Although it is eventually revealed that Norah’s behaviour is in response to a particularly traumatic event, Unless is not interested in motivation or cause. There is no exploration of why that traumatic event occurred, or why that traumatic event inspired Norah to live homeless. Instead, Unless invests a lot of weight in vague feelings and sensations. Norah is not interested in understanding the people that she observes or emulates, she is instead invested in experiencing the texture of their day-to-day existence.

Indeed, Unless takes lurid pleasure in charting the degradations and humiliations that Norah experiences during her time wandering on the street, even when they add nothing to a sense of character and provide no real context for the life that Norah is living. Unless is a cavalcade of bad things happening to Norah, inviting the audience to feel sorrow and pity for her experiences without bothering to provide a context or reason. The important thing is that Norah suffers and that the audience feels sorry for her.

Goodness gracious.

Goodness gracious.

Unless treats homelessness and suffering as performative, feeling crass and exploitative. Norah might adopt the trappings of homelessness, but she is not really homeless. Her experiences might line-up in terms of the day-to-day suffering and the individual incidents, but Unless is never particularly interested in the difference between being homeless and acting homeless. Norah will always have a family that she can go home to, an upper middle-class life to which she can return. She can always “break character.” In fact, it is implied that she does at the shelter where she lives.

However, none of this really matters in the world of Unless, where Norah’s emulation of others’ plight is not even the primary focus of the story. Norah’s appropriation of other people’s suffering is itself filtered through the lens of Reta’s pseudo-profound monologues about parenthood and goodness and angst. Unless works hard to remove its audience from anybody who actually lives a horrific and painful existence, instead focusing on those operating at a remove. It is, at best, a false equivalence. At worst, it is downright tasteless.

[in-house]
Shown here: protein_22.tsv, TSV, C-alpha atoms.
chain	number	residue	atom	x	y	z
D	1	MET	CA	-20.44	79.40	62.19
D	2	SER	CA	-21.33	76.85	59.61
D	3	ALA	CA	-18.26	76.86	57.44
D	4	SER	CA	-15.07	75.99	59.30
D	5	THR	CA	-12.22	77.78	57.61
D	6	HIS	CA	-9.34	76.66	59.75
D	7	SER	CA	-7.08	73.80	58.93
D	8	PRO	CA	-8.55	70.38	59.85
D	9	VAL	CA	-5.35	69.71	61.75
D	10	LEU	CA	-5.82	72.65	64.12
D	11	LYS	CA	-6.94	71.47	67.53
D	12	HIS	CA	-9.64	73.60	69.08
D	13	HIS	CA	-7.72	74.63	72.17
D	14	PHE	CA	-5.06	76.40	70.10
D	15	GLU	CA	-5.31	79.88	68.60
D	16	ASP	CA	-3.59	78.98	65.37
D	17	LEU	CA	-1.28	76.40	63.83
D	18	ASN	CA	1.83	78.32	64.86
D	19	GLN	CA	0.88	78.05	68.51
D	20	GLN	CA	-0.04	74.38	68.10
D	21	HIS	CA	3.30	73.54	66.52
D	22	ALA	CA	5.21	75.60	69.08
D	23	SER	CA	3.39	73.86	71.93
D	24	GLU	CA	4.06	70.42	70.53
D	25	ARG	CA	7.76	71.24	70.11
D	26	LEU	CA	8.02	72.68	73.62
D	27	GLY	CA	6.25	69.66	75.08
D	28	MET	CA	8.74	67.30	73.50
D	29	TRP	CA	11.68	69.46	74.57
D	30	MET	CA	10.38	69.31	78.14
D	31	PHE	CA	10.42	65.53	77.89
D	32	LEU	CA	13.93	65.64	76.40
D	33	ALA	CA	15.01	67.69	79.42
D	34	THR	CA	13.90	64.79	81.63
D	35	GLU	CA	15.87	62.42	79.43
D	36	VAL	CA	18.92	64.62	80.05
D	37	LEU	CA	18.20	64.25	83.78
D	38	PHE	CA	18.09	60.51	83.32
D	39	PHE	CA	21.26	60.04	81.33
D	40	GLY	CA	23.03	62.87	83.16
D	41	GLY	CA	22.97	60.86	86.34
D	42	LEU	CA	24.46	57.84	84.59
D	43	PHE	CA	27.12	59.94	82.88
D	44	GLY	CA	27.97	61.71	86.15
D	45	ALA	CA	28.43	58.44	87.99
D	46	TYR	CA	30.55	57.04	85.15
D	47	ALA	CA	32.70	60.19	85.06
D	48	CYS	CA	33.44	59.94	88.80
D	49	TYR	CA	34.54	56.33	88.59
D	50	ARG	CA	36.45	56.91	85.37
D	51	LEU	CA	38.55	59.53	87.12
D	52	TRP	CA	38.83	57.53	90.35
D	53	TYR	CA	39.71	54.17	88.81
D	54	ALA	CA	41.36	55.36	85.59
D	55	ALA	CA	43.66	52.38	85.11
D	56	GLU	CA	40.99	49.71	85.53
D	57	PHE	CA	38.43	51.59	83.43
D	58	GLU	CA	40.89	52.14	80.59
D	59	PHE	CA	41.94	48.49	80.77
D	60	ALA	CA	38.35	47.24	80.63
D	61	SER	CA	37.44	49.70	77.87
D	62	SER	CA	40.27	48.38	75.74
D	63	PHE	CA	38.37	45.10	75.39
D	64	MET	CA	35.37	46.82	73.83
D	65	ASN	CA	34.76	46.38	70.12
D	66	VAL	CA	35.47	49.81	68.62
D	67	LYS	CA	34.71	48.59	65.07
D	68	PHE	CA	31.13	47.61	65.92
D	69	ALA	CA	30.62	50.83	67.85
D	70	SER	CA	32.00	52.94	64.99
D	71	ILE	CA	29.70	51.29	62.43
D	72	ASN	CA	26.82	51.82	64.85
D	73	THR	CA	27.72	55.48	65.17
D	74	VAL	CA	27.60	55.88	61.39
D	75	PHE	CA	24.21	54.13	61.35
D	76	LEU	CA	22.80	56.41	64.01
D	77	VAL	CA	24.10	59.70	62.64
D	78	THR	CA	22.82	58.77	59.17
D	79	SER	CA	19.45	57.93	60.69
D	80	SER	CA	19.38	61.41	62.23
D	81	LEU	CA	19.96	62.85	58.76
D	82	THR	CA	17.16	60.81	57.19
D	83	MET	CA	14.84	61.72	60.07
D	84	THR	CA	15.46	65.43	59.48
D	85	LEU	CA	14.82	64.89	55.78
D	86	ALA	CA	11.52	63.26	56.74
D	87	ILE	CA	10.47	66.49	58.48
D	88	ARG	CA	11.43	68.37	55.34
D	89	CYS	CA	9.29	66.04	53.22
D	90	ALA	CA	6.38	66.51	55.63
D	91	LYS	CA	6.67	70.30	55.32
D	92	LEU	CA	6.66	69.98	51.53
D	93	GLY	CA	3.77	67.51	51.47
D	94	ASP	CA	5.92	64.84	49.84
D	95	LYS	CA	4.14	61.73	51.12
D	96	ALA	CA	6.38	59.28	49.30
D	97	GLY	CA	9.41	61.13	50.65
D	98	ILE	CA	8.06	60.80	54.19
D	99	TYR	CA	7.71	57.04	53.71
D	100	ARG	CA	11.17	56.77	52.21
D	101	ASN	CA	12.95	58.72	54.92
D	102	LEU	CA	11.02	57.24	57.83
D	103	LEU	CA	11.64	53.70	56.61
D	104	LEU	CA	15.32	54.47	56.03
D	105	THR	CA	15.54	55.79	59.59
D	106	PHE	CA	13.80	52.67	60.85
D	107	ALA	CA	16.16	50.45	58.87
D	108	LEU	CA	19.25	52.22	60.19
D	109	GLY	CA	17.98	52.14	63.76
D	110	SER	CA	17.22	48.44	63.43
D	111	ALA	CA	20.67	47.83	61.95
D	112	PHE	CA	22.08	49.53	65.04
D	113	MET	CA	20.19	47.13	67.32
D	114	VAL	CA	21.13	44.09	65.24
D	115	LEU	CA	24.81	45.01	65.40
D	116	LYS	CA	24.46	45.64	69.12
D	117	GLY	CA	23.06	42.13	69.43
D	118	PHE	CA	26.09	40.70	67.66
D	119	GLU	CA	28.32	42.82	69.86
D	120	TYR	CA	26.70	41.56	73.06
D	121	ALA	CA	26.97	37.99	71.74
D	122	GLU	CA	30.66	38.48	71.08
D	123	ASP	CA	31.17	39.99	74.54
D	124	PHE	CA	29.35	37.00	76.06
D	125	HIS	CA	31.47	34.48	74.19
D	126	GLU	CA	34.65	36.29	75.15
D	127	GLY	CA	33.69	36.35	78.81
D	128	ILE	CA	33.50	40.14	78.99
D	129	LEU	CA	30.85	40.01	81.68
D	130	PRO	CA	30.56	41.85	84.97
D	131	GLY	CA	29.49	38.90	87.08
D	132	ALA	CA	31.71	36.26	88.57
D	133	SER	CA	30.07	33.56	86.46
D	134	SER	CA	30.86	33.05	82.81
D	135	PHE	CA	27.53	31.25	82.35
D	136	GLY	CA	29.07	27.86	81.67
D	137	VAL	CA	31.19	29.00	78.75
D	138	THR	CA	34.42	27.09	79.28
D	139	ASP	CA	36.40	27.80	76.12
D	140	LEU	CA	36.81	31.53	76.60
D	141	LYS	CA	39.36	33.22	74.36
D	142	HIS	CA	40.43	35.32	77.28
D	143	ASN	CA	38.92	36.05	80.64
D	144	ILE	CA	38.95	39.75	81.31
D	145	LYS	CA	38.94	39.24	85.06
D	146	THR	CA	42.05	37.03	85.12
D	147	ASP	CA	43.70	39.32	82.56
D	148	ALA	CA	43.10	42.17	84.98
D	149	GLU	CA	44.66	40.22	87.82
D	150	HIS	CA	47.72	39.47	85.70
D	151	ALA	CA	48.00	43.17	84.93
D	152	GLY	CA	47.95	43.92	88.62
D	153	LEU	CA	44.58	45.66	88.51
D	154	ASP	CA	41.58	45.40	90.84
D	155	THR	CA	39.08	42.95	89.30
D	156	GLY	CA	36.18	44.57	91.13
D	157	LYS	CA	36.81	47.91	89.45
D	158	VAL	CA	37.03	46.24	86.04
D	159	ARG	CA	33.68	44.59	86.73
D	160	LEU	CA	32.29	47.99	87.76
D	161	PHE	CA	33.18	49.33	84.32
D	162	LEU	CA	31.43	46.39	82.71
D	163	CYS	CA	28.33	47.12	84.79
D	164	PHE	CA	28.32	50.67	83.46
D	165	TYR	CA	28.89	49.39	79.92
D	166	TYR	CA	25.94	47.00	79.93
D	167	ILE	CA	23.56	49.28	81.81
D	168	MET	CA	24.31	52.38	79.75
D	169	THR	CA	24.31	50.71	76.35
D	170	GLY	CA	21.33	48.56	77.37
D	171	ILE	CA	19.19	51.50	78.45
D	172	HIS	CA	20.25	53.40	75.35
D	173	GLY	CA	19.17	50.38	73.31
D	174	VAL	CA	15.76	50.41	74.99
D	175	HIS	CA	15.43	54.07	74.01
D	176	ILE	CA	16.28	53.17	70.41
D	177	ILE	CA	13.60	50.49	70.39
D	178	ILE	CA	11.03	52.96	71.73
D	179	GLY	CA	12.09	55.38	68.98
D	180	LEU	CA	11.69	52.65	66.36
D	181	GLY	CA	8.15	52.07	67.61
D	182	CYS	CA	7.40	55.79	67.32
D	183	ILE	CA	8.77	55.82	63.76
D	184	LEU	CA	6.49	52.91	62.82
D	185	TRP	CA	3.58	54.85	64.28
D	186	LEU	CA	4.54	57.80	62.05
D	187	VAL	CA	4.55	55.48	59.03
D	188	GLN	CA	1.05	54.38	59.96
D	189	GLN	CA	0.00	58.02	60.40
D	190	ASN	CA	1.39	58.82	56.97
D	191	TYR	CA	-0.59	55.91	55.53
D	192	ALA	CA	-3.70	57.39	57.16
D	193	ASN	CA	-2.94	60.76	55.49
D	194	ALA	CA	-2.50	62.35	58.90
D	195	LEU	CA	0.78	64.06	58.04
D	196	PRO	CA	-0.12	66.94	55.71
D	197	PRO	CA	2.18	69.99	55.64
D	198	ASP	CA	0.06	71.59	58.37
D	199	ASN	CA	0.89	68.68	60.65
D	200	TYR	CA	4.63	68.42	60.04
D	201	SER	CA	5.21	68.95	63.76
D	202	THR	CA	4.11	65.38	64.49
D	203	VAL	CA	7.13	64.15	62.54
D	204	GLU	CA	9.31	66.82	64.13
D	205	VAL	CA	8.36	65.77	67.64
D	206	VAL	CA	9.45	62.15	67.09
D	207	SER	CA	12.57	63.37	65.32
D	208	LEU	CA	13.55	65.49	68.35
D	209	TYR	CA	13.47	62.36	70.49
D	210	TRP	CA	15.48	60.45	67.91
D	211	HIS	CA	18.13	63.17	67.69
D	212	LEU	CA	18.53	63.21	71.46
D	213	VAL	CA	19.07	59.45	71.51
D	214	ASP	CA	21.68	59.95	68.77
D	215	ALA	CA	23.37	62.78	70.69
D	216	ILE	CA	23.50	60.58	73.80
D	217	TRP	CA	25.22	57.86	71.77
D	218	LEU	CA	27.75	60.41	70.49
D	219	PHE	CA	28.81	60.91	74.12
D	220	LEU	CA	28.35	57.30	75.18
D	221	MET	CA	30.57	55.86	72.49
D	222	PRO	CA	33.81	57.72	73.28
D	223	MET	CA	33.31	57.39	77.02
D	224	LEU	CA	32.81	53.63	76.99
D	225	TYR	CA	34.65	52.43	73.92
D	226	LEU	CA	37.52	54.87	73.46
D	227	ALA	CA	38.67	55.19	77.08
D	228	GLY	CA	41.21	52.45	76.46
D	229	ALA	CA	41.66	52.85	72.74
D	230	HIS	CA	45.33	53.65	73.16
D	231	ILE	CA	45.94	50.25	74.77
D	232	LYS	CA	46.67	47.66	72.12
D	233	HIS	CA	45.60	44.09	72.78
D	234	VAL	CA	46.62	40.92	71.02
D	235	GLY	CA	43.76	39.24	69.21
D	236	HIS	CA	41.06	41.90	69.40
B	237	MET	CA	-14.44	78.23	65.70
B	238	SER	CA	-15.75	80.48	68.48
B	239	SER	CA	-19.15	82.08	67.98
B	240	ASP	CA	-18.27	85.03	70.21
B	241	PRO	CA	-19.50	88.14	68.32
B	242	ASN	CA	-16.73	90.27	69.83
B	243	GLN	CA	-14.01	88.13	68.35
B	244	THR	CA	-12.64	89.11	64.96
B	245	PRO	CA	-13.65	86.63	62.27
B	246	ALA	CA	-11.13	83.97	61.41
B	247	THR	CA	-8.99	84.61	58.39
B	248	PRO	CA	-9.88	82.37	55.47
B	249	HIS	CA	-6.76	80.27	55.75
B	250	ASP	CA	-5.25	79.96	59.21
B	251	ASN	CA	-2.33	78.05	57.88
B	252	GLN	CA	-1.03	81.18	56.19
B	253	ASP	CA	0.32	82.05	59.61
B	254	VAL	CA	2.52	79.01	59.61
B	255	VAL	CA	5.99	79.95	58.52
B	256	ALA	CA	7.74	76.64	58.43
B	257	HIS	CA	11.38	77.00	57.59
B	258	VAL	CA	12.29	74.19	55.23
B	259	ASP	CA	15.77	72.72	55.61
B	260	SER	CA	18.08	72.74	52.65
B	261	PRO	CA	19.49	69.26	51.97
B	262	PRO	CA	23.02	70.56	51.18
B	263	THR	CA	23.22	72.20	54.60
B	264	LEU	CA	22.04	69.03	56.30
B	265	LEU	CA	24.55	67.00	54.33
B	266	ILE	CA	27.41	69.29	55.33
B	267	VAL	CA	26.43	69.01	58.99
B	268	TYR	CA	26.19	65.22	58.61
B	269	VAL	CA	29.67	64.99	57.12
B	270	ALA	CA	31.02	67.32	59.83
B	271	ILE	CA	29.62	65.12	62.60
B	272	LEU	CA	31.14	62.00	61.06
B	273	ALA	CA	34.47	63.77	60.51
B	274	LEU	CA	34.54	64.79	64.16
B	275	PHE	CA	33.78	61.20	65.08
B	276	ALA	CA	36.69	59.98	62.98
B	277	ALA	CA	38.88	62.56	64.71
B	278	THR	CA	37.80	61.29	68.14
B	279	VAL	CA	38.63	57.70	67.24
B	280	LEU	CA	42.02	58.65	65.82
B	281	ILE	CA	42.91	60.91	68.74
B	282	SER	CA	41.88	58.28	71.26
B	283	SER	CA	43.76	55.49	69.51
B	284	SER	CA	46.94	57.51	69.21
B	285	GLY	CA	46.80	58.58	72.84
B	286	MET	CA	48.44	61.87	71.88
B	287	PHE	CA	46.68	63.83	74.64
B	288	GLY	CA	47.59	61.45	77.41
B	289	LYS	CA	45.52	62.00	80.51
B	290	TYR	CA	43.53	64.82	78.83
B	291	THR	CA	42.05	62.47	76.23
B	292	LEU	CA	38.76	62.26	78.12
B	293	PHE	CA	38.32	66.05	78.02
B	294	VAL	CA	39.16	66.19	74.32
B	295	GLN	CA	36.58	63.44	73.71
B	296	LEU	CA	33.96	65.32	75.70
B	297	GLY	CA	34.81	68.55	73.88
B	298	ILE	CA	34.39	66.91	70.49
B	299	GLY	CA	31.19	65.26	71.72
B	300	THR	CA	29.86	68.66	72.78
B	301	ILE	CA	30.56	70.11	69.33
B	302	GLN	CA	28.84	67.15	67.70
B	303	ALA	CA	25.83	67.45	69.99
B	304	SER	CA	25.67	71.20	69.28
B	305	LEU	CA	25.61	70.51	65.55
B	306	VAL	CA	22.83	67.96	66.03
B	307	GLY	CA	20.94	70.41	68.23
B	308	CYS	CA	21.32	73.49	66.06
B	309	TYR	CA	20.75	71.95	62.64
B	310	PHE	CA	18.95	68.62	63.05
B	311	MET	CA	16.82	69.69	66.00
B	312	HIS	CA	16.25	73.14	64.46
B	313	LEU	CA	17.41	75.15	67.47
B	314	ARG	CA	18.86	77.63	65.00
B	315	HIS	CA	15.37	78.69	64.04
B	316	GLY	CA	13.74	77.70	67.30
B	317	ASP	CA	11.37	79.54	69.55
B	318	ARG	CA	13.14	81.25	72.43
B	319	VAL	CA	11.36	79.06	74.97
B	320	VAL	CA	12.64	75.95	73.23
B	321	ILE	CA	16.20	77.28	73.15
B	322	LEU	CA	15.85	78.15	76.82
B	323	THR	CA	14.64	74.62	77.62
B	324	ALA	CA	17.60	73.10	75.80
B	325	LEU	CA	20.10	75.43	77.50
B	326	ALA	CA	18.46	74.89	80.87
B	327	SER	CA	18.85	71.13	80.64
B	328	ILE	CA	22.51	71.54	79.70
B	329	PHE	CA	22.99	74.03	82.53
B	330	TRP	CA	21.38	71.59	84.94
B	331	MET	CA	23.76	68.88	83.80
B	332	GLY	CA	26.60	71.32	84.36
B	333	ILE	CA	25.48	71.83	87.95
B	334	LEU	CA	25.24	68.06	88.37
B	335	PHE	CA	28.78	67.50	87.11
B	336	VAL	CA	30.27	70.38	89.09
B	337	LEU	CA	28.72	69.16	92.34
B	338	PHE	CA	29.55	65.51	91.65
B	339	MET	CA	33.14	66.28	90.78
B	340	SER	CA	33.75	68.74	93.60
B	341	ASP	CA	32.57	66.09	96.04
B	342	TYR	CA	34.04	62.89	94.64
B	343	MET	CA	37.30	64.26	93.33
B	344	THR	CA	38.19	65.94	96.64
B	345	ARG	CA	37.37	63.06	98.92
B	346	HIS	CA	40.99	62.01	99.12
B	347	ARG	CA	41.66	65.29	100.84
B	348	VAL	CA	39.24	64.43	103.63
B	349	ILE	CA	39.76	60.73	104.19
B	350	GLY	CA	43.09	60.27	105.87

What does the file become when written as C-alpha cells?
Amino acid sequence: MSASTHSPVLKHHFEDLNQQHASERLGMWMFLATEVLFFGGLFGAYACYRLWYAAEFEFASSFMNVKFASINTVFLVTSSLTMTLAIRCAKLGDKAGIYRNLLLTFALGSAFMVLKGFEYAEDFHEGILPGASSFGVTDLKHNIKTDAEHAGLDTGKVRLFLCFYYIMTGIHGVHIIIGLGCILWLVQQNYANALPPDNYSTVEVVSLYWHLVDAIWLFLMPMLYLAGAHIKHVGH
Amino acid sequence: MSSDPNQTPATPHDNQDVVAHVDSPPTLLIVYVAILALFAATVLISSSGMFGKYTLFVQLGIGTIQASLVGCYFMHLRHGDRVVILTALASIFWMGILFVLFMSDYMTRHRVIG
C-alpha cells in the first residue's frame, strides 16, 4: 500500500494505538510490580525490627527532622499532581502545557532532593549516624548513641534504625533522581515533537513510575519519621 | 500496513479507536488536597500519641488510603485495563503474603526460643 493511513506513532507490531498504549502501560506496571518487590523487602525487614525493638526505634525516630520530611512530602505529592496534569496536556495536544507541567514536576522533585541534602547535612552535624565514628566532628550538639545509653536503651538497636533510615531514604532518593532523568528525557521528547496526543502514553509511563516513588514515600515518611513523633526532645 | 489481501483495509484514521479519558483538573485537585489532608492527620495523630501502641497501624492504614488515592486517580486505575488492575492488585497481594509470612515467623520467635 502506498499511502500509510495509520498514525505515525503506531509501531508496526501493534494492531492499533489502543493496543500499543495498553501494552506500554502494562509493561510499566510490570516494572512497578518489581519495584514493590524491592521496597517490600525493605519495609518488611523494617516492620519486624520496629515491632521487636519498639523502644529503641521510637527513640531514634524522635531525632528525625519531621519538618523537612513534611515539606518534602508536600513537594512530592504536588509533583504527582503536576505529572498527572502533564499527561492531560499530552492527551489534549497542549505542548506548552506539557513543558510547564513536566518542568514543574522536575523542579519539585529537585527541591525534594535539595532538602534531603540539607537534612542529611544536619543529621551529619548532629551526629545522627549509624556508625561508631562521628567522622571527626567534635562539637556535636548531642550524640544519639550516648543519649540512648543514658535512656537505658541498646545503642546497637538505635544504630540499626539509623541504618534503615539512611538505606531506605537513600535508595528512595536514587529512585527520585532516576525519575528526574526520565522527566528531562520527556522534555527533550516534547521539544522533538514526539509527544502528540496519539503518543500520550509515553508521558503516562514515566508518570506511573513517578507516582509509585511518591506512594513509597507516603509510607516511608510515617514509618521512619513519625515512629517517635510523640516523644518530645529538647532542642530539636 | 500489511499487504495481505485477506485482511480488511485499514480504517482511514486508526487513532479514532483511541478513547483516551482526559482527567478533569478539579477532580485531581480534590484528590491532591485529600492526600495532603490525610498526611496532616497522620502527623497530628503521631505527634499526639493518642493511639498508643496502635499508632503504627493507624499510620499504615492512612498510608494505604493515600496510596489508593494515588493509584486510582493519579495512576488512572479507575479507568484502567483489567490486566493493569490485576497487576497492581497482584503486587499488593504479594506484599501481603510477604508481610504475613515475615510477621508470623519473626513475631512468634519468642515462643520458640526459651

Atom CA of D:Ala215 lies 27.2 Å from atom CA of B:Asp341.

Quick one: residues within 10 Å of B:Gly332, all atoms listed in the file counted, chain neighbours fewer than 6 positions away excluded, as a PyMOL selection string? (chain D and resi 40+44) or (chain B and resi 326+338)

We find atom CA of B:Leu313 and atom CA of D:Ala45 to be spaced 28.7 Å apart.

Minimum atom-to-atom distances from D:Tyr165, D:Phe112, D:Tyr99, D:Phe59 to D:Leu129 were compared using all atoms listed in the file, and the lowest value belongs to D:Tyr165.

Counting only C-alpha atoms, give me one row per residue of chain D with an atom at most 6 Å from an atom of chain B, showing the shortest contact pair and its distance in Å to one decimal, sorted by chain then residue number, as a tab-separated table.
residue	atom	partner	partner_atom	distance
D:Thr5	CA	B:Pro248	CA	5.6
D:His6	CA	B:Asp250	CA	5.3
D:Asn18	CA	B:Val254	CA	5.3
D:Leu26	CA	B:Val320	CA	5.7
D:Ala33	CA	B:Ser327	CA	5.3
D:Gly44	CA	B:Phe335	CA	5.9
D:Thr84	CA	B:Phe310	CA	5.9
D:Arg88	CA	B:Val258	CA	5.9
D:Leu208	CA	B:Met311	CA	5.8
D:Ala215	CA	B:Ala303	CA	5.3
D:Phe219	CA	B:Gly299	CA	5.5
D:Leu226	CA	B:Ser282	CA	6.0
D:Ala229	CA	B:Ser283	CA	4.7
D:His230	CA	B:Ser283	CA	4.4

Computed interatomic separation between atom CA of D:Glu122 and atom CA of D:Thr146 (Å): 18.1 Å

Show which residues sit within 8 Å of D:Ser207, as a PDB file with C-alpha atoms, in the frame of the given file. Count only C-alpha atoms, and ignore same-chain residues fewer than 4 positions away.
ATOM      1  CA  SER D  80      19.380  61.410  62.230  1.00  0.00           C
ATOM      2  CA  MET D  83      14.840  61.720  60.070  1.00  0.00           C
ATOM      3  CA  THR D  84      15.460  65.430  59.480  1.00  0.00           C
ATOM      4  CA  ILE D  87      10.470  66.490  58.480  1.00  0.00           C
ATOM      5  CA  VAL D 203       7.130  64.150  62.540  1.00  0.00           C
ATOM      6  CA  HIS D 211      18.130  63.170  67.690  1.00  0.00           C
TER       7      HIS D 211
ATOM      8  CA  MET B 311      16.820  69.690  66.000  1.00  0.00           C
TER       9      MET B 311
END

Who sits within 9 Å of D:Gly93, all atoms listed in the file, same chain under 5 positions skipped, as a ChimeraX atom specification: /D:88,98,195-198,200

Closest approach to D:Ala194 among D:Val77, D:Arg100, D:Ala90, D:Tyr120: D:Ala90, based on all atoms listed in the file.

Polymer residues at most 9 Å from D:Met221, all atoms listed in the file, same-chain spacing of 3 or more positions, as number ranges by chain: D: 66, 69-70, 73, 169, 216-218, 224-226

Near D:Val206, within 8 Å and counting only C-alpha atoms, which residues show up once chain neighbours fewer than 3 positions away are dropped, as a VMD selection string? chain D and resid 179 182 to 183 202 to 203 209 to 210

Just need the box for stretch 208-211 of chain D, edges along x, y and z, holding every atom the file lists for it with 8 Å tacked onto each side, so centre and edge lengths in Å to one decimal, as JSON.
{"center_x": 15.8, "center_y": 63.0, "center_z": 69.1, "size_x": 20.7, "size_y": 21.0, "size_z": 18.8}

The fact that Reta is a writer is another of those big red flags that Unless waves early in the story. Writers writing about writers can lead to fascinating stories. Woody Allen is particularly fond of the trope, to varying degrees of success, but there are also lots of other great examples from Adaptation to Misery. However, writers writing about writers can also lead to all sorts of crazy indulgences, long and winding meditations upon nonsense that are treated as windows into the human condition.

Unless is populated by these sorts of diversions. Reta provides awkward voice-overs at several points in the film, trying to explain what is happening in the most long-winded and pseudo-philosophical manner possible. These voice-overs are indulgences that grind the slow-moving film to a halt, particularly when coupled with establishing shots lifted right from the big book of indie movie clichés. There are shots of idyllic countryside, giving way to shots of the family’s nice house, giving way to even closer shots of the family’s nice house.

Sweet child of hers.

Sweet child of hers.

To be fair, it isn’t only Reta who makes these cod philosophical diversions. At various points in the narrative, other characters weigh in on the situation while refusing to offer anything resembling a literal declaration. The characters in Unless talk in abstracts and strained metaphors, sounding less like individuals and more like sentient paragraphs of allegorical commentary. Even characters who have never interacted before will launch into tortured metaphors about leaves and trees.

All of this is compounded by how heavily over-signified Unless is. Again, the red flags come early and often. The fact that Norah sits down with a cardboard sound labelled “goodness” is an early warning sign, as is her choice of corner. Norah decides to make her stand outside an ironically-titled convenience store labelled “Honest Ed’s.” Helpfully, the advertising copy advises, “Don’t Just Stand There!” Repeatedly over the course of the film, characters watch news footage of riots and protests, as if to provide some sense of importance to Norah’s gesture.

Unless is a disaster of a film, a horribly constructed movie about a clumsy and ill-judged story with an unearned appraisal of it own merits.

I don’t normally rate films, but the Audi Dublin International Film Festival asks the audience to rank a film from 1 (worst) to 4 (best). In the interest of full and frank disclosure, I ranked this film: 1